Community Spotlight: Kristen Smith

The SMA community has been lobbying state and federal government for years. Kristen Smith shares how she became involved with advocacy.

Kristen Smith describes herself as an artist and advocate. A powerful combination during a time where people across the country are standing up for their community and speaking out for their rights. Kristen is also an adult living with spinal muscular atrophy (SMA) type 3 in Green Brook, New Jersey. She lives with Brandon Hull, her partner of seven years alongside their two black and white cats. Kristen and Brandon are both interested in politics and government. They work together on the advocacy initiatives as advocacy co-chairs for the North New Jersey Chapter. Kristen began her volunteer role as Advocacy Chair in January 2017.

SMA is a rare disease that robs people of the physical strength needed to walk, eat, or breathe. SMA does not affect a person’s ability to think, learn, and build relationships with others.

Kristen didn’t become an advocate overnight. She mentions that “advocacy is something I learned growing up, needing things that were “different” than most of the people who were around me most of the time.” People are often intimidated by advocacy and lobbying legislators. In reality, most people affected by SMA have been advocating for their family’s right to access schools, workplaces and public spaces that are accommodating to people with disabilities. Advocacy simply means to speak on the behalf of or in support of anther person, place or thing. Advocacy is the most effective way to create change, using your voice, stories and experiences makes the change happen.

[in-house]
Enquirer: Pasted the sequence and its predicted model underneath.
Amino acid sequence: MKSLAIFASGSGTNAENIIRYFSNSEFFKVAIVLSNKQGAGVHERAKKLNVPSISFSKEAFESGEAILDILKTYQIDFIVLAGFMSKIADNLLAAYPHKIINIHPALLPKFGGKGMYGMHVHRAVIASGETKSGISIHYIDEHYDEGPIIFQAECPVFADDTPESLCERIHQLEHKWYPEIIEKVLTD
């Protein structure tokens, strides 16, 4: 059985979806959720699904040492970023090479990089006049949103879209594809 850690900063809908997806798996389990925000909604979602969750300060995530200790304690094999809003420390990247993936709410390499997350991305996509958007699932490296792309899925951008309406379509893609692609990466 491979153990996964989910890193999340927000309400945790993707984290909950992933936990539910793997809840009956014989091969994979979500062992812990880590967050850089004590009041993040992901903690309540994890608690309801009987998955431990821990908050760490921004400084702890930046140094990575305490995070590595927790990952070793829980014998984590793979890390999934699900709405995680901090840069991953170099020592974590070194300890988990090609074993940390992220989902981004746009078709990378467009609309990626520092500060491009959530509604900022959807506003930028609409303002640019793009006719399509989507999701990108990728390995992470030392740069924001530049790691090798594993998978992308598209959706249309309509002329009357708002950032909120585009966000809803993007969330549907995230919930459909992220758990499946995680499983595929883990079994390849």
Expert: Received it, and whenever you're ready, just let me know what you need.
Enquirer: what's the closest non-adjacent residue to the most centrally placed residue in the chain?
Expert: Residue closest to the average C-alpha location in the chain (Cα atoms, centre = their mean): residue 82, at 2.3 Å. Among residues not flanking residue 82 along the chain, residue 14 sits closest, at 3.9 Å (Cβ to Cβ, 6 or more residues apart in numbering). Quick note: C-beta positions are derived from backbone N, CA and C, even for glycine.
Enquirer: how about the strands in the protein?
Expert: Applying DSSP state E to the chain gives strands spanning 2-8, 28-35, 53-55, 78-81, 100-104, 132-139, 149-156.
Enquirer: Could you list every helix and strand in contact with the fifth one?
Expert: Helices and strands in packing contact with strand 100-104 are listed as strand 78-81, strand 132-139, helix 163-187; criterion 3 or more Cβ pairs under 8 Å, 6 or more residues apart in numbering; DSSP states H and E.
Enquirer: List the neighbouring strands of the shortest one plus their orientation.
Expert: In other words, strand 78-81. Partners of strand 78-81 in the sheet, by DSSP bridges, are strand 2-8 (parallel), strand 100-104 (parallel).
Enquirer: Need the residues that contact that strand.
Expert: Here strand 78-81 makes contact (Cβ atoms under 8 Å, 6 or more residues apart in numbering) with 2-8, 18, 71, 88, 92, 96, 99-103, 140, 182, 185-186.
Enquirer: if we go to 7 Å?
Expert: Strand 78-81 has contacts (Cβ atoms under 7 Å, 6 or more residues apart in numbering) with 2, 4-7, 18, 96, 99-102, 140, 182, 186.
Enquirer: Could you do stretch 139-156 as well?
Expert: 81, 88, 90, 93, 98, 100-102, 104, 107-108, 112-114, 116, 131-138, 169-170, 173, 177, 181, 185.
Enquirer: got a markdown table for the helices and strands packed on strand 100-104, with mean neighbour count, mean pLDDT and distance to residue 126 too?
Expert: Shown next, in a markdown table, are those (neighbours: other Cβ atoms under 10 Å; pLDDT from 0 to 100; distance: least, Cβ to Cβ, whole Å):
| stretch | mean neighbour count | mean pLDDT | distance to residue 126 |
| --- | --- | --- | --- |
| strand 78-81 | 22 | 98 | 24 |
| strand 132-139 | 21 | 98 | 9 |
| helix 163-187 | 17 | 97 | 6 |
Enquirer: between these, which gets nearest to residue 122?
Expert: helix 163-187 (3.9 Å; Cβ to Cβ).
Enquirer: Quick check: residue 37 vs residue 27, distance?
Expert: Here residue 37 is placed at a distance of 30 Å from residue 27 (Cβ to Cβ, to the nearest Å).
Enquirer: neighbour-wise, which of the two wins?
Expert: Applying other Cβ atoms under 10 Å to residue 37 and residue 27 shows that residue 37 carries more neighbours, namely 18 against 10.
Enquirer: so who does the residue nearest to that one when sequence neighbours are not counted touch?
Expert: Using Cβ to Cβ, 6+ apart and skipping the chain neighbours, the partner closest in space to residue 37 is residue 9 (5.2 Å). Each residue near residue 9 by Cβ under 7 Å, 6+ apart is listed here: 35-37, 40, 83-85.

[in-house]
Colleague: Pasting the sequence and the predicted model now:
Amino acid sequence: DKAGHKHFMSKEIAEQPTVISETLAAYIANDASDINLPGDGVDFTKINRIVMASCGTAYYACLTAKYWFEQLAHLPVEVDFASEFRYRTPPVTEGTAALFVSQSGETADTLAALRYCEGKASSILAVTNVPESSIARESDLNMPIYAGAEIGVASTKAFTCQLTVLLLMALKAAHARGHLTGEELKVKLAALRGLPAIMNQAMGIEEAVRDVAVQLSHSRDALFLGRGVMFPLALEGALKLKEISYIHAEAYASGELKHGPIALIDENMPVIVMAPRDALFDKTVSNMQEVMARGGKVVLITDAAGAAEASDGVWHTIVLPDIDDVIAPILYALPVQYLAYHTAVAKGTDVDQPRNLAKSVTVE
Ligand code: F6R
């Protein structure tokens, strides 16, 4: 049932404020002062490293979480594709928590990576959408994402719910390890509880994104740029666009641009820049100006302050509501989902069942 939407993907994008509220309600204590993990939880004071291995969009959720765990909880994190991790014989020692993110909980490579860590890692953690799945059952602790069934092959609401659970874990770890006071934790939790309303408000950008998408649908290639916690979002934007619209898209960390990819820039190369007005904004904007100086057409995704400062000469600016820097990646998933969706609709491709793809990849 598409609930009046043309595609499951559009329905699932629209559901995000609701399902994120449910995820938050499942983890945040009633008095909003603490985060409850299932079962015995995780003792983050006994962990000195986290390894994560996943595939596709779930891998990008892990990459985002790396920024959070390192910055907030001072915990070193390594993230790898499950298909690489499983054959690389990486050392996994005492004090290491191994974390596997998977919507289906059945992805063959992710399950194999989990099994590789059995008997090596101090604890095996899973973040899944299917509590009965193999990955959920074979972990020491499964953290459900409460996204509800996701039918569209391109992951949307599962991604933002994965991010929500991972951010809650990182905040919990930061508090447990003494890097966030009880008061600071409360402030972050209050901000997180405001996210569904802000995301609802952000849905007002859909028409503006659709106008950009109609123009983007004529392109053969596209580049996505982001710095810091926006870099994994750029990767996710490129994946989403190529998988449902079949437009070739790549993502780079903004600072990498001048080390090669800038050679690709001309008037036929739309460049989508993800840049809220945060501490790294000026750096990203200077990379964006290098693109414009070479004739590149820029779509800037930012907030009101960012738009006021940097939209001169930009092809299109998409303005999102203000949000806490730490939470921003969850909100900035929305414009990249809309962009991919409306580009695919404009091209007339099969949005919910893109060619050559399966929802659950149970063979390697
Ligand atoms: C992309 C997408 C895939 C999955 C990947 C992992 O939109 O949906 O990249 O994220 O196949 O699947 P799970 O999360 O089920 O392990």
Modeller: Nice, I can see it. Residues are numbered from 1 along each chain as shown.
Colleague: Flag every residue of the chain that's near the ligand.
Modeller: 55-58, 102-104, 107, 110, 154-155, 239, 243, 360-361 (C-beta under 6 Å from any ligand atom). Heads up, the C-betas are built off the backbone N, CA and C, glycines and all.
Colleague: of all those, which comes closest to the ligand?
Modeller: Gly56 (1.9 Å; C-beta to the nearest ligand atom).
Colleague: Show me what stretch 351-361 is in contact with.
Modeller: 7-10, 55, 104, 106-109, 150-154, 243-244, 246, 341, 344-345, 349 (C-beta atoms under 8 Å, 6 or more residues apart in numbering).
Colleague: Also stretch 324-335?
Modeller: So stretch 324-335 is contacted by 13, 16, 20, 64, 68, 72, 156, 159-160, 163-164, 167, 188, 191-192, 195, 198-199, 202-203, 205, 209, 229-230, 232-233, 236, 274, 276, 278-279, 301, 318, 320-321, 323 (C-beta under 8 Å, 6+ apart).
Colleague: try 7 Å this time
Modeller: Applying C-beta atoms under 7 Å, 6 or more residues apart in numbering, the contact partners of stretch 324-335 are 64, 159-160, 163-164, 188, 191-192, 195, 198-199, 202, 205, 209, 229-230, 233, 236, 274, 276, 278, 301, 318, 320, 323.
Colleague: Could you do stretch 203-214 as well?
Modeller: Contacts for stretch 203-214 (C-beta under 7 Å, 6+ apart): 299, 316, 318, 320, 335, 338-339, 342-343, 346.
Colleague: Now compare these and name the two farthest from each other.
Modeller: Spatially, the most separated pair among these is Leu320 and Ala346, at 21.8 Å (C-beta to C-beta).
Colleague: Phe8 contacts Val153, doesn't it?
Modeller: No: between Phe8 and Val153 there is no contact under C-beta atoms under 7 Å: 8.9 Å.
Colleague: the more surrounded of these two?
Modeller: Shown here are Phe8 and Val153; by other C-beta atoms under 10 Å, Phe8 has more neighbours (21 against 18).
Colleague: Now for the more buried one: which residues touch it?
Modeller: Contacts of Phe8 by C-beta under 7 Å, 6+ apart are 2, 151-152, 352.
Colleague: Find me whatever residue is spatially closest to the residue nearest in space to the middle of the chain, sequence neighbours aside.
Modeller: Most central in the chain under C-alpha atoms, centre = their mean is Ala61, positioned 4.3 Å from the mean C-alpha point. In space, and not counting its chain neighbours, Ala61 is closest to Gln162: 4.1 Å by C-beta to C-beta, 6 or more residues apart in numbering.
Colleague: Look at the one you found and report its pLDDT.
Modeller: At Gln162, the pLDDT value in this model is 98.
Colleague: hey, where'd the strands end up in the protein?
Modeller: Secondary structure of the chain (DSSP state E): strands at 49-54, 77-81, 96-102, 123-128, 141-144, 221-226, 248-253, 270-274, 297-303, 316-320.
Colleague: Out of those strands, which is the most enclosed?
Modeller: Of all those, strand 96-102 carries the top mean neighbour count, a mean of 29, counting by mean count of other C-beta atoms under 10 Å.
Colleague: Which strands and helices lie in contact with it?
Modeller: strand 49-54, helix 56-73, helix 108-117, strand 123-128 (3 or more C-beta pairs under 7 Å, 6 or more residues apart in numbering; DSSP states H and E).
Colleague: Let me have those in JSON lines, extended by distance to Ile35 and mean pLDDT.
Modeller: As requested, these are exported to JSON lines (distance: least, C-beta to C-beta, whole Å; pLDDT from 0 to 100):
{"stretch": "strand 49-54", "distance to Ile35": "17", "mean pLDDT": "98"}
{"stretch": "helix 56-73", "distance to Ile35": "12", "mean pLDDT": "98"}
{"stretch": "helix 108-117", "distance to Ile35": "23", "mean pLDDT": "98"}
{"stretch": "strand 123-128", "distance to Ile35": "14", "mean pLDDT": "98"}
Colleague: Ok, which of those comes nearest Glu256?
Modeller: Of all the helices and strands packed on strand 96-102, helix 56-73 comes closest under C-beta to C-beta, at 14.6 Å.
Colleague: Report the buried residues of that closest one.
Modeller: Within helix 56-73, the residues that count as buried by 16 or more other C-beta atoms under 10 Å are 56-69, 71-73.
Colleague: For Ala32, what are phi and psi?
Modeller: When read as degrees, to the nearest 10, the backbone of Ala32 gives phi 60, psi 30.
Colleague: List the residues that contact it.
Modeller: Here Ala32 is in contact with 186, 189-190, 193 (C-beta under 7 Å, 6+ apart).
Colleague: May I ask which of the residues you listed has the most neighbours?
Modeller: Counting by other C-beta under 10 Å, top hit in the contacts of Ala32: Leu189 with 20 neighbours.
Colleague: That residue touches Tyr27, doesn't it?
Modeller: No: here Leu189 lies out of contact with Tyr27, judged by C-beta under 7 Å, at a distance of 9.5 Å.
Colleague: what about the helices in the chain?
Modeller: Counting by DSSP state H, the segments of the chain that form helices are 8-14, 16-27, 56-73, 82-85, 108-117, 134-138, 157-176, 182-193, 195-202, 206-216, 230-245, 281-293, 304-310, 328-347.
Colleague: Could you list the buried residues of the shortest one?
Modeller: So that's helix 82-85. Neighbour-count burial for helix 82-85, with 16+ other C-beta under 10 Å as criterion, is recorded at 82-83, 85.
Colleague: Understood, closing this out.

Kristen remembers a time in the 90s when she witnessed her mother advocating for her and her family. Her mother lobbied her state and federal legislators for a pardon by explaining the complexity of their family’s situation. Individuals with SMA need specialized care and equipment, which can put enormous financial pressure on them and their families. Her parents were pardoned, and Kristen’s mom was seen as an advocate for special needs in her community. Kristen learned how to identify, address, and then advocate for issues. She began by advocating for herself at her public school, college and into adult life.

“I saw how one story can make a difference, which can help others with a similar story,” Kristen states.

Kristen is happy to use advocacy and activism to help her community. In October 2018, Kristen was honored by Somerset County Freeholder’s for her work in advocacy. She received the Individual Division 2018 Disability Advocate Award Citation for outstanding service in demonstrating a significant impact in meeting the needs of Somerset County Citizens with Disabilities.

Kristen works with Brandon to accomplish her advocacy goals and initiatives. “I’m also glad to be able to work on advocating and activism with Brandon; he’s the general to my field marshal,” she states. Together, Kristen and Brandon have worked on improving healthcare access, insurance coverage, medical access, and independent living for people with disabilities and chronic diseases.

Kristen and the North Jersey Chapter are excited about their upcoming initiatives and events in their local community. “Having more active volunteers would certainly help!” shares Kristen. It’s never too late to begin advocating for yourself and your community! Cure SMA has over 34 volunteer-led chapters across the United States. Chapters are always in search of more volunteers. Visit our Cure SMA Chapters page to find out how to get involved.

Do you want to learn how to be an advocate? Check out last week’s Advocacy 101 webinar, the Advocacy Action Center or contact [email protected] to get started!

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